TGIF 10.9.2010

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Thank someone it’s Friday. The fig trees are still standing and our lawyers keep writing to people about them.

Greg Ray wrote a nice article today in the Herald about how trying to save fig trees is now a national pastime. He has one very sad paragraph:

In Newcastle, the council insists that criticism of the risk analysis and factual record supporting its chainsaw plan won’t change its collective mind. The trees must die.

Stark, isn’t it? I continue to wonder how people involved in ridiculous plans like this sleep at night.  I heard another example of duplicitousness today. On April 21 this year the council were forced to hose down stories (sorry: video has been archived but story summary still there)  about moving the War memorial grove from the south-eastern corner of Civic Park. This idea seemed to come from nowhere during the charade/charette and I still recall one of the consultants from the Big Smoke sounding terse with me, claiming that it was a popular idea. Probably about as popular as cutting the rail line to Make A Connection With Honeysuckle. Not.

Anyhoo, a Laman Street campaigner was at the Battle of Britain commemoration in Civic Park today when the Lord Mayor announced plans again to move the War Memorial grove so that Laman Street could be Done Up. Barbaric idea. Up there with his idea of turning the fig tree stumps into garden gnomes (which was defeated 12 to 1).

It was made apparent to me this week that many people may not understand about staged versus wholesale fig tree removal so I thought I’d give you this reminder.

A staged removal is no longer necessary because the out-of-date and incorrect SULE ratings and risk assessments have all been flawed, based as they were on misinformation relating to the non-existent tree ‘failures’ in the Pasha Bulker storm. We can leave the trees where they are, ideally remove the bitumen and perhaps turn the street into part of the park; perhaps we could have a lovely gravel road  or walkway in the centre of the road. We could call it Liquidambar Walk in memory of the poor taste shown by decision-makers recently when they wanted to foist this exotic pest on us Because This Tree Species Is Available Now. They probably can’t give them away.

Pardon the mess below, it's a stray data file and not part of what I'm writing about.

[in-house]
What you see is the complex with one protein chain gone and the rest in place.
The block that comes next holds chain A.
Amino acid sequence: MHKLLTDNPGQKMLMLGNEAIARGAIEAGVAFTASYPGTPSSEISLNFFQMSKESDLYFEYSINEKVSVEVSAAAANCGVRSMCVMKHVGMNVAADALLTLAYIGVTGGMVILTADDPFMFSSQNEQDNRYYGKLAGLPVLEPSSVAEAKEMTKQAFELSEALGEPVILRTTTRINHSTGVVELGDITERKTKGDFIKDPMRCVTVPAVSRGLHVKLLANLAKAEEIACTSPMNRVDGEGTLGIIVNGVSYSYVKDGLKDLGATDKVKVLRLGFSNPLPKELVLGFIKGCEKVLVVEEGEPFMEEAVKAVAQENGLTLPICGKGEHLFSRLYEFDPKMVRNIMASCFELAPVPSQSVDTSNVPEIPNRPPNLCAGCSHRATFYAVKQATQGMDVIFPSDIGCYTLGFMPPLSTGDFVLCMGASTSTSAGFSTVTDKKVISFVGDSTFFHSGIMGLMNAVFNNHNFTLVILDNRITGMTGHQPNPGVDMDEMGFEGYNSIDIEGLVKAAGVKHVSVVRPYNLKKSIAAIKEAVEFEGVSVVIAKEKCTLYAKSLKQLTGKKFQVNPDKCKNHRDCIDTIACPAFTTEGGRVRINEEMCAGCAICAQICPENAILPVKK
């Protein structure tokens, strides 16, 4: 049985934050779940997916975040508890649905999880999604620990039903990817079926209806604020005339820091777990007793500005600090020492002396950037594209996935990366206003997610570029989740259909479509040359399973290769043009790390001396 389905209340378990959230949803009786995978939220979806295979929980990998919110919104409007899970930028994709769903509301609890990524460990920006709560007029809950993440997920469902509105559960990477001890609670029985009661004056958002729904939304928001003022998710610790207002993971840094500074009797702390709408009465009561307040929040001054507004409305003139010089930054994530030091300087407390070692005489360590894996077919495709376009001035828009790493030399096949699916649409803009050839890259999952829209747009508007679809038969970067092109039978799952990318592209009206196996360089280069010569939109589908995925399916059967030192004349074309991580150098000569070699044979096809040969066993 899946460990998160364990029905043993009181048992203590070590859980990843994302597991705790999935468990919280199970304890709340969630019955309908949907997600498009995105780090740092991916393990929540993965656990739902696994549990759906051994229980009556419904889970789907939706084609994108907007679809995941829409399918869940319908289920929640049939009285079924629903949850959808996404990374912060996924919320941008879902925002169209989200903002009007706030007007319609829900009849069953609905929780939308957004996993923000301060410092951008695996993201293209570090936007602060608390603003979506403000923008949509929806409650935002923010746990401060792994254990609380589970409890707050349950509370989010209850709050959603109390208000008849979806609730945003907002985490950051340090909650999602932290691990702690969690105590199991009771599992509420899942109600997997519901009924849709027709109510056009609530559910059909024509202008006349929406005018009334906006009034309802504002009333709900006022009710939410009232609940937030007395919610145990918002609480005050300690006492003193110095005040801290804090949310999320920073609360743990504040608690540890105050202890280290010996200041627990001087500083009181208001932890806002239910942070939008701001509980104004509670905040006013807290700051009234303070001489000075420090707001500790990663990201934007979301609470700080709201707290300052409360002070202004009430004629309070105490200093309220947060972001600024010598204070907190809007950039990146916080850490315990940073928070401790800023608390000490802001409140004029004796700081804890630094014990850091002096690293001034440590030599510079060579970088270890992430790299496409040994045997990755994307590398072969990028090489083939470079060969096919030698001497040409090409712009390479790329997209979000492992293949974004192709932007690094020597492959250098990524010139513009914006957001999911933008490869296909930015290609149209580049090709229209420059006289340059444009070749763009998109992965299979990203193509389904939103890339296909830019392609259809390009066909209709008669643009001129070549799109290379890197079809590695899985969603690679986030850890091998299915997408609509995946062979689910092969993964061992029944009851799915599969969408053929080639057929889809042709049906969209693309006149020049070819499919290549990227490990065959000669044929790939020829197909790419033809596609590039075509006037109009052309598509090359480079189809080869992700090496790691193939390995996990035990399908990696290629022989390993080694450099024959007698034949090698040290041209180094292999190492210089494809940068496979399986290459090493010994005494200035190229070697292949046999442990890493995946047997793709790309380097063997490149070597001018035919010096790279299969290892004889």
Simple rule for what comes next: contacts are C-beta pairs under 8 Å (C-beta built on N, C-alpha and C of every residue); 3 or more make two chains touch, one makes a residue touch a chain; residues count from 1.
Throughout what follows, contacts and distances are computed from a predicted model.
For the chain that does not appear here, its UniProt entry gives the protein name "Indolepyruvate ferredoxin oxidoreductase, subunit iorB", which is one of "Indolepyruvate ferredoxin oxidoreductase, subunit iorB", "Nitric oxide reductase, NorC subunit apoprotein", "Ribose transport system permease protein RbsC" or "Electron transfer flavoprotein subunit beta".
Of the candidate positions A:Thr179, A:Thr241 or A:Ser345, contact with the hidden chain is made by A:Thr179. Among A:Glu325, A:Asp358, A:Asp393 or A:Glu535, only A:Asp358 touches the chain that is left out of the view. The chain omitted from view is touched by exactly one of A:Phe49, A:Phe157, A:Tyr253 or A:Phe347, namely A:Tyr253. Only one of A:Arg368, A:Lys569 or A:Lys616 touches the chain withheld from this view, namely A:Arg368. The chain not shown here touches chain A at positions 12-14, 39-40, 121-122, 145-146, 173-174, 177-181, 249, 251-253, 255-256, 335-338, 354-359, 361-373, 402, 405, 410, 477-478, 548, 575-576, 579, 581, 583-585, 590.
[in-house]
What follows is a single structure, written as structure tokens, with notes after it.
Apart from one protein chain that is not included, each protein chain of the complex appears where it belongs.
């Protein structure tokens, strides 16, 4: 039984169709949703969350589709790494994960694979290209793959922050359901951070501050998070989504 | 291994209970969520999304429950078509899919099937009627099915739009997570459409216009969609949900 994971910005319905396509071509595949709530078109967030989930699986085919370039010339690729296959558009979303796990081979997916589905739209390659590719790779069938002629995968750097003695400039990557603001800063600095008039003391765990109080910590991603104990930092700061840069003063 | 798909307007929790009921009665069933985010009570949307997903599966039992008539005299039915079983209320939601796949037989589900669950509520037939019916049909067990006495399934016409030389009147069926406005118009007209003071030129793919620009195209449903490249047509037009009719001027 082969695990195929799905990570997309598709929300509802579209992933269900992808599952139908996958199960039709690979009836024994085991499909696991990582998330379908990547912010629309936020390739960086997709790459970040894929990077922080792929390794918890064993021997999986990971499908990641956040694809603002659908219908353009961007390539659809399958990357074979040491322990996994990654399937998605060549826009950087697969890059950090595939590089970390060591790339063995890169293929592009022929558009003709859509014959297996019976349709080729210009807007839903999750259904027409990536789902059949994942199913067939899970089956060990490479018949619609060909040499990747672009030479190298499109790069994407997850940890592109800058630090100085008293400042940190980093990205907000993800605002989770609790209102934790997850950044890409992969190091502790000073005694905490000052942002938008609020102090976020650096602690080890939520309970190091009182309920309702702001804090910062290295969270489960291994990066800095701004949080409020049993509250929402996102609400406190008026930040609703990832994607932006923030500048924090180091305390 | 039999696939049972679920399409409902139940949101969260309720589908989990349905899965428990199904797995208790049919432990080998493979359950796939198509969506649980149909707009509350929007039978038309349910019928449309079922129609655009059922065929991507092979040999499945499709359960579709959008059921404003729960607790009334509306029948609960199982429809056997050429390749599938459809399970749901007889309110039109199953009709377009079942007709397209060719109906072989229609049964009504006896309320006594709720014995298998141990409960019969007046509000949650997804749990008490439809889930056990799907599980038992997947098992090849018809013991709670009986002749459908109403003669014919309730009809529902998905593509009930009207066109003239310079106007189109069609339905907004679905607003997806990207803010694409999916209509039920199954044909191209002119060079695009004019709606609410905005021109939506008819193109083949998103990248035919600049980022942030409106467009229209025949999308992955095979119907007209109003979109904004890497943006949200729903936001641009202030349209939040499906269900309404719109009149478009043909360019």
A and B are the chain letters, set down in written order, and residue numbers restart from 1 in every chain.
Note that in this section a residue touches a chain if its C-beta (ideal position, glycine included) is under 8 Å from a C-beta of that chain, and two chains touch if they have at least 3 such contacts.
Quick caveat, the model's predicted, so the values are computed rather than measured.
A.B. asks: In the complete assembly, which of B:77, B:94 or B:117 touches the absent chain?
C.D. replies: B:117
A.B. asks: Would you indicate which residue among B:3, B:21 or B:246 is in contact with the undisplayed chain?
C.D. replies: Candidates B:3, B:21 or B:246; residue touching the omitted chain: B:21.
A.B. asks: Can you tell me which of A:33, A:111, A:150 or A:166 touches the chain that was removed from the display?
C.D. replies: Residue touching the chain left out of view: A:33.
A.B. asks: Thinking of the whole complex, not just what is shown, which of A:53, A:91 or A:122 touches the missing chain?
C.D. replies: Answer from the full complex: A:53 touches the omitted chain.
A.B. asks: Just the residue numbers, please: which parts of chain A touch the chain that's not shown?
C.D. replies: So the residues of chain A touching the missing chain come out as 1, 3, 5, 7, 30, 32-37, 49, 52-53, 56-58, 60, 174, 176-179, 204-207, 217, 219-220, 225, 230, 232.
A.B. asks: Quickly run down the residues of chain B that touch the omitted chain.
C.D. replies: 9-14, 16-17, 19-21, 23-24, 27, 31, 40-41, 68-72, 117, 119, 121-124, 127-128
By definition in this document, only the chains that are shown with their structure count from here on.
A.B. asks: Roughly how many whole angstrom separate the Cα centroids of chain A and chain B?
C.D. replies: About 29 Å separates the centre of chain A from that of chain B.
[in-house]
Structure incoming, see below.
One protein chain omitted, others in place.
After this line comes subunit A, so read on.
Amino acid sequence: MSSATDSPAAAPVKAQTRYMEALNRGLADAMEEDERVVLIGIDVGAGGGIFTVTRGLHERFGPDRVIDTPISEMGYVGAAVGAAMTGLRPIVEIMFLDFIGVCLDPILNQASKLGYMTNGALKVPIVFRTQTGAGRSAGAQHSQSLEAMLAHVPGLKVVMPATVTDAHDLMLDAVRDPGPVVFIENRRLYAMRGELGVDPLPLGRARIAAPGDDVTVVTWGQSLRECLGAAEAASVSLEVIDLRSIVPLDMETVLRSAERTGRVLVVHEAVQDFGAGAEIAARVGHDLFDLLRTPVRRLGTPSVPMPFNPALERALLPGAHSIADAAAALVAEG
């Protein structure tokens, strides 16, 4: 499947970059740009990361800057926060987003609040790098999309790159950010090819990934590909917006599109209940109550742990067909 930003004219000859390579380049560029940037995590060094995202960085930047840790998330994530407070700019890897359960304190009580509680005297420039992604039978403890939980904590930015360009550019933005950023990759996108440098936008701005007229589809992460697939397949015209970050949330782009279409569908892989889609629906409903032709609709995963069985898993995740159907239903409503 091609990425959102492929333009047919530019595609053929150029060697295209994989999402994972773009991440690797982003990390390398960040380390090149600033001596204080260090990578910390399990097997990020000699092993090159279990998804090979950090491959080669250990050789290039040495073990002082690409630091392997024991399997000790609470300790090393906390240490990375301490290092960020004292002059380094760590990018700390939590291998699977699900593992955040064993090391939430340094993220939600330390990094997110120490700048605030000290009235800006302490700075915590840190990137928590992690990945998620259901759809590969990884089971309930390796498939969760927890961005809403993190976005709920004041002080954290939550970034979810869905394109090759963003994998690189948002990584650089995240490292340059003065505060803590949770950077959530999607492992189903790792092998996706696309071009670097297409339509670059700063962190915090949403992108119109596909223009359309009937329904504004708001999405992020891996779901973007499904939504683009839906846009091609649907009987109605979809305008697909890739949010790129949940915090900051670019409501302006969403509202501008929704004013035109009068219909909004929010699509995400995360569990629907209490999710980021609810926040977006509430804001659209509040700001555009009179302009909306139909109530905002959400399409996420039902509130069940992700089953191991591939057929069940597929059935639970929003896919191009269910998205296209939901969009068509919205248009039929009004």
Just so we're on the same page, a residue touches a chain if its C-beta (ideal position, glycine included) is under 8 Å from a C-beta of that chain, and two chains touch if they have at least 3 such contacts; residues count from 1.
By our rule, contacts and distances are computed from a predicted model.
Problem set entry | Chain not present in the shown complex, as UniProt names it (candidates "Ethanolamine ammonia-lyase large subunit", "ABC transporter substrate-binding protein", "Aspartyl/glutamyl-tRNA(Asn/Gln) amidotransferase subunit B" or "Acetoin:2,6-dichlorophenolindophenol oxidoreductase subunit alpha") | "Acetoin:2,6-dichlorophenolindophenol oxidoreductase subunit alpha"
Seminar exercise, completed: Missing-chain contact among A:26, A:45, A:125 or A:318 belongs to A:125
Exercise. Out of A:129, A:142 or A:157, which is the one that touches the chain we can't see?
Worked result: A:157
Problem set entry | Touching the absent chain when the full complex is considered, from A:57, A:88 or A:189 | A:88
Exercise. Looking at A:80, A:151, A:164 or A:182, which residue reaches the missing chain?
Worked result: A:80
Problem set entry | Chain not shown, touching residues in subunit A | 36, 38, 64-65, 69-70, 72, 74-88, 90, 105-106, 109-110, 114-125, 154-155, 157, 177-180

If you haven’t looked at the evidence we FOIed about why council cut down trees after the PB storm it’s available at http://s901.photobucket.com/albums/ac213/craschke/Underwhelming%20storm%20damage%202007%20in%20Laman%20Street/ None of these represents anything like tree failure.
 
There is nothing wrong with these trees. The whole thing has felt to me like a con  spin from day one. It’s a shame council has done ugly pruning over the years, and particularly in December/January this year when they should have known better, but that slight ungainliness is the only thing wrong with them.
 
I am still uncertain why council has worked so hard to remove these trees that do not belong to them, are loved by residents, and are irreplaceable.There is nothing wrong with them. Many arborists and bureaucrats simply dislike mature trees and think pavement, guttering and electrical cabling are more important. We don’t have to make a choice between these. They just need to be more creative and do a google search on how people work on this infrastructure these days, not try to do work the way it was done when they were apprentices aeons ago.
 
The trees have withstood the earthquake, the Pasha Bulker storm and now three 100km/hour storms this year. I haven’t looked up the Bureau of Meteorology site for how many big winds there have been since the Pasha Bulker but let’s say there have been three major storms a year. That’s a lot of force to withstand without batting an eyelid or dropping a branch.

The root-mapping radar showed roots. Mr Swain said at the Public Voice that he disagreed with Mr Marsden in his conclusion about no roots on the southern side of the road. (This is on the second-last page of the transcript of the December public voice.) A well-known Newcastle arborist said to me in December that he was so certain these trees were safe he would be happy to camp under them.
 
Mike Ellison of QTRA fame said that a 1 in 19.8 risk of failure (the treelogic calculation) was the equivalent of a huge, obviously decaying tree leaning at an angle over a bench occupied continuously by someone blind and deaf. It was a ridiculous calculation.
 
If you haven’t read Mark Hartley’s report I would recommend it.
 
If councillors have to do something to be seen to be doing something to these trees they could apparently do a really light prune at the ends of the branches but it’s apparently not necessary. The trees would not look anything like the ugly picture sent to campaigners by a councillor this week.
 
Elected councillors have been badly advised by council officers and external consultants. I would feel sorry for them if I were capable of feeling anything charitable at the moment. It’s shameful that they didn’t ask more questions.  Home

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4 Responses to “TGIF 10.9.2010”

  1. smiler Says:

    Hi Caity
    Thank you for your advocacy.
    Can you clarify for me – how many Hill’s Figs have failed. How many are due to root plate instability due to root pruning?

  2. The reply from the General Manager 13.9.2010 « Save Our Figs and other trees in Newcastle Says:

    […] secondly, in TGIF I wrote that the Lord Mayor announced that council still intended to move the grove War Memorial. […]

  3. smiler Says:

    So two in Tyrell St 2004 and one in Laman St due to dangerous root pruning. Plus:
    Two in Bruce St and two at Tighes Hill TAFE during the Pasha Storm 2007
    One in Civic Park 2009
    A total of 8?

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